Wednesday, December 10, 2014

The Power of Youth: Beginning Breast Cancer Prevention in Childhood

Creative Commons photo: Flickr/CatDancing (cropped)
We've written a lot recently about the importance of breast cancer prevention starting early in life, both here on Cancer News in Context and in a guest post on the American Association for Cancer Research blog, Cancer Research Catalyst.  Though most breast cancer research focusses on women in midlife and older, more and more evidence supports the years between early adolescence and when a woman has her first child as key to laying down risk for breast cancer later in life.  Breast tissue in these years appears to be particularly vulnerable to certain risk factors that can have a durable influence on risk.

Diet and physical activity seem to be especially key in youth.  Eating foods rich in vegetable protein and low in animal products can help lower risk -- as can being physically active and keeping weight in check.  For teens and young adult women, avoiding alcohol - or at a minimum avoiding heavy drinking - is also important.

Our overarching message is that to optimize breast health a healthy diet, regular physical activity, and healthy weight are key habits that should begin in - and be fostered throughout - childhood and into adolescence and beyond.  Prevention is something that can almost never start too early.

A pie chart we use to illustrate the power of breast cancer prevention starting in childhood shows that healthy behaviors starting as early as age two years old could help avoid 68 percent of breast cancers (see figure).  The idea of beginning breast cancer prevention at two can seem extreme and has struck a chord with the media (see image).  And in many ways that is understandable, since breast cancer is a disease that seems so far off - striking most women much later in life - and breasts don't even fully develop until the teen and young adult years.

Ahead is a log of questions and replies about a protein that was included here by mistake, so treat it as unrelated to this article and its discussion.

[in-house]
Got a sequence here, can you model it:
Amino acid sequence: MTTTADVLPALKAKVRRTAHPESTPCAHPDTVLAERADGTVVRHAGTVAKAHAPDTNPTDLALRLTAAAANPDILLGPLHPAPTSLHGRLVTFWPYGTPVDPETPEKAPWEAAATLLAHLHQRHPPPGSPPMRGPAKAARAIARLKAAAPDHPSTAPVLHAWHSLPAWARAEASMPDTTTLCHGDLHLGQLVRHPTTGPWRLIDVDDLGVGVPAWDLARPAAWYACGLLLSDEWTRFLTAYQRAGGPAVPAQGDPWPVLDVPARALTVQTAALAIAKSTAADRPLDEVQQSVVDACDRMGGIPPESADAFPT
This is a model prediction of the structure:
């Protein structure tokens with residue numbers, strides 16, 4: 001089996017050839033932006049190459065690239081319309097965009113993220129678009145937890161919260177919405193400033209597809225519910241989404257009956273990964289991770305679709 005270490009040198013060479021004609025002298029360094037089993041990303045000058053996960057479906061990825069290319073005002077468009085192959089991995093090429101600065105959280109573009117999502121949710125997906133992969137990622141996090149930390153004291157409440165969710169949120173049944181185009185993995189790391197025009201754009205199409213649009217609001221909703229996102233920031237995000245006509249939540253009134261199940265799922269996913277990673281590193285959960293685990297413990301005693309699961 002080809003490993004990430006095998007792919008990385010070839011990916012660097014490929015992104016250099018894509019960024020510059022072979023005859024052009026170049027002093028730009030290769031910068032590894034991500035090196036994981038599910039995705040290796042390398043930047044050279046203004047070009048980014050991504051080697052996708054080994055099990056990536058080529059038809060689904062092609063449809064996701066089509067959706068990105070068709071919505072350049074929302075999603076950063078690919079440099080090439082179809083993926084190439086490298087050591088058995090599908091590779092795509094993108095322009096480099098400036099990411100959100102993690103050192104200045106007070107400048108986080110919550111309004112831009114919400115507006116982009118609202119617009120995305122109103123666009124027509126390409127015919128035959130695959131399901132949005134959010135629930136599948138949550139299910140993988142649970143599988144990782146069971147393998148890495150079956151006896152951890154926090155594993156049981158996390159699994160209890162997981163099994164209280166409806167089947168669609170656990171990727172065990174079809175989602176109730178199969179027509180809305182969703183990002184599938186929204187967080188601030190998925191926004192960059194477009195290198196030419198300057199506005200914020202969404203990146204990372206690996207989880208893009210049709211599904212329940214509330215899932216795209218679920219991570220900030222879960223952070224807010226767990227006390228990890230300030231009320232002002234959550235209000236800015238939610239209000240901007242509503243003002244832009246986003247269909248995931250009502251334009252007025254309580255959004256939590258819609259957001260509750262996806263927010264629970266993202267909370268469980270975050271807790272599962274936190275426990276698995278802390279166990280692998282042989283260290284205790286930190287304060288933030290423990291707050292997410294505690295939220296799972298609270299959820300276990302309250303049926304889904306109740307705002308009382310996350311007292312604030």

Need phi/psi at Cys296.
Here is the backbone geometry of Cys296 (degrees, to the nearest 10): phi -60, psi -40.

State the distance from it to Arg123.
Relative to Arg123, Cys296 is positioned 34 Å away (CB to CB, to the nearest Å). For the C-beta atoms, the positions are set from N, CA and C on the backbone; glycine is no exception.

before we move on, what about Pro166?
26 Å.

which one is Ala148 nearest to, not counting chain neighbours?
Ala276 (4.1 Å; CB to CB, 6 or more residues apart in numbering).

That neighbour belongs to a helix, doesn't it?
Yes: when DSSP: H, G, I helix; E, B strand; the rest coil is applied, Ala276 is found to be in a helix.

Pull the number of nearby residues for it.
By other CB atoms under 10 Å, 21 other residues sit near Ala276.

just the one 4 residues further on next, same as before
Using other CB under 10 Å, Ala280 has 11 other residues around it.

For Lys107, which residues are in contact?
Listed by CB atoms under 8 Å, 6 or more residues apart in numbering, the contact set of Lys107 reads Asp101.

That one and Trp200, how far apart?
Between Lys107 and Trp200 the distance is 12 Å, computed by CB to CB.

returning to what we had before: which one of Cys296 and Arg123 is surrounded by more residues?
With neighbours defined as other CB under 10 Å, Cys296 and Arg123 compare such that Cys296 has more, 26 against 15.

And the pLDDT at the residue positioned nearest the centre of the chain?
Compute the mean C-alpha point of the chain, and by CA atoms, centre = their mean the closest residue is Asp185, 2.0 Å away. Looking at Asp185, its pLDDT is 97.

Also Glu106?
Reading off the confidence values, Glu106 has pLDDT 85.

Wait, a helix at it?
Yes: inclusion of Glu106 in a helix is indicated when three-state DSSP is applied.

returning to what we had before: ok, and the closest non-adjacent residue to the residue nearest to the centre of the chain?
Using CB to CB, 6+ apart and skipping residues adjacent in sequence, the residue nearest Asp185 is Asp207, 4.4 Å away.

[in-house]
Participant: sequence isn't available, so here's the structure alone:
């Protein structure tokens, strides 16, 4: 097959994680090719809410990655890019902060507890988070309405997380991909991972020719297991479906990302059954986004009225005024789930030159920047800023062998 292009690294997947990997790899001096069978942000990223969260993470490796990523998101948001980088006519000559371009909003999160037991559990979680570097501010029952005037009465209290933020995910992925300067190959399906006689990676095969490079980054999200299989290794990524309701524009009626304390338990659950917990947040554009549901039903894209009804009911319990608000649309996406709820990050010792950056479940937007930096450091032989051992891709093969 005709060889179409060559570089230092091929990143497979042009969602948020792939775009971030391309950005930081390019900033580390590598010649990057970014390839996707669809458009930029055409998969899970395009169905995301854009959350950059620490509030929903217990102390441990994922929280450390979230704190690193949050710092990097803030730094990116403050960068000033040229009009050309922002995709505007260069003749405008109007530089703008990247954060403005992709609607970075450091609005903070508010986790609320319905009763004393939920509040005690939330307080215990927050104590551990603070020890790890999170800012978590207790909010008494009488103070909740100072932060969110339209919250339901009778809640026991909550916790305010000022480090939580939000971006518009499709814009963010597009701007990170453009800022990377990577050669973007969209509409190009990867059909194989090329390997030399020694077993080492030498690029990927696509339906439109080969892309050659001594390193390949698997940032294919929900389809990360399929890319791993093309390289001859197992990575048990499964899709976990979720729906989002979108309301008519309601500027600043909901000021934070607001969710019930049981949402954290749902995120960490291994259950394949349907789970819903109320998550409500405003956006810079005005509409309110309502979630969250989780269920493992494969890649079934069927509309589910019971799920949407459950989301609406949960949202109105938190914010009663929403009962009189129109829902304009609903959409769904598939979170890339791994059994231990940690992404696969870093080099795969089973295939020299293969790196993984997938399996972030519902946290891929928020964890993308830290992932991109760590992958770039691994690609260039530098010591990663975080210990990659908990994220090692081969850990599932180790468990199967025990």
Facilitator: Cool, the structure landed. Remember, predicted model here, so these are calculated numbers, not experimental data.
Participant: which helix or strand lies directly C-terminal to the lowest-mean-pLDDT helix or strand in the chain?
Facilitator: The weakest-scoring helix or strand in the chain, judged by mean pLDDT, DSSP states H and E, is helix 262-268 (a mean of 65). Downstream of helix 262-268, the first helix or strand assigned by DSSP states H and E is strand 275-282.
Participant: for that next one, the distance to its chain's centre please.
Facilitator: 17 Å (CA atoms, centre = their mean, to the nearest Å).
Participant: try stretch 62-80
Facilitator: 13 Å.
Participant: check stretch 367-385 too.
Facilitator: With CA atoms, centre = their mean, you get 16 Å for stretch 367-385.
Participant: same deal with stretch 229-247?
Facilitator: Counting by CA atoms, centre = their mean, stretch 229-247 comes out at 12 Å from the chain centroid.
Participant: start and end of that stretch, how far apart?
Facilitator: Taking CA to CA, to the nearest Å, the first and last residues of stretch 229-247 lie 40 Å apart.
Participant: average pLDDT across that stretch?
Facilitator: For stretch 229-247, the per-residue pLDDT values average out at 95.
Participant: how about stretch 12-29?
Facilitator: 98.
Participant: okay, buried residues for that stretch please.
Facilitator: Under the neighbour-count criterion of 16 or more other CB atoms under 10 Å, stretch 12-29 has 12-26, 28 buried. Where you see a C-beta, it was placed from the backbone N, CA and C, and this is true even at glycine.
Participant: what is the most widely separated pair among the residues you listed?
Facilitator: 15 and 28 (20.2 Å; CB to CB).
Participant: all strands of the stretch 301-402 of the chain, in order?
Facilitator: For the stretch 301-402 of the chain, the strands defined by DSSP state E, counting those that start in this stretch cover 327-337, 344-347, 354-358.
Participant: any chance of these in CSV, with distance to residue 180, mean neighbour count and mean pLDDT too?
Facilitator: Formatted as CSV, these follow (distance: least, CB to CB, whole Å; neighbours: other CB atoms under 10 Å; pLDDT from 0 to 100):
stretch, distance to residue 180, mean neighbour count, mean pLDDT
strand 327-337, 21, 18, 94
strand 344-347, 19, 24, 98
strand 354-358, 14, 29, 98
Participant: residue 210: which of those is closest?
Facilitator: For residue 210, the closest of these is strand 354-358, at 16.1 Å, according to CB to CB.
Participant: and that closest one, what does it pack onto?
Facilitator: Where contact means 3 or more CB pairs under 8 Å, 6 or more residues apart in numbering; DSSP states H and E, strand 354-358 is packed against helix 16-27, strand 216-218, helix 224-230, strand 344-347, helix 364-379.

Yet, we know that healthy behaviors aren't easily turned on and off like spigots.  Healthy behaviors are learned over time, and the sooner in life they are set, the more likely they are to be carried on throughout childhood and into adulthood, and the more likely they are to have a positive impact on long term health.  This is why the Dietary Guidelines for Americans apply to everyone age two years old and over.  That breast tissue seems particularly vulnerable in youth and young adulthood adds even more reason to begin good breast health habits as early as possible.


For parents, the key is simply to help their children make healthy choices that they can follow throughout life.  This will not only help them lower their risk of breast cancer as adults, but also heart disease, stroke, diabetes, osteoporosis, and even depression.

See the excerpt below from our upcoming book on breast cancer prevention for breast health tips for the parents of young girls.

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Young daughters (2 years – 10 years)

As challenging as the period between ages 2 years old and 10 years old can be as a parent, it does offer some sense of control and the ability to steer your children in positive directions.

Within reason, the food you put on the table is the food they will eat and likely come to enjoy – even if it can take some struggling, pouting, and tears along the way, from them, and you. Similarly, if you’re a family that plays at parks and goes for walks throughout the week, that’s something that will become ingrained in a child as well and something they’ll likely wind up doing throughout their lives and eventually with their own children.

With young daughters, there are three simple things to focus on: healthy activity, healthy food, and healthy weight. Pretty straightforward stuff, but in today’s busy world where both parents often work and have very little time to think about such things, they can be much easier said than done.

Luckily, creating a healthy environment for our children isn’t very complicated or time-consuming - with a little planning and a little effort.

Let little legs move

We can easily get caught up in all the detailed recommendations we read about physical activity. Moderate intensity. Vigorous intensity. Aerobic. Strength. X number of minutes a week. And, yes, those can be important, but when it comes to young kids, it’s really less about making our kids reach some time targets for activity than it is about simply giving kids the opportunity to be kids. Because being active is really their natural state.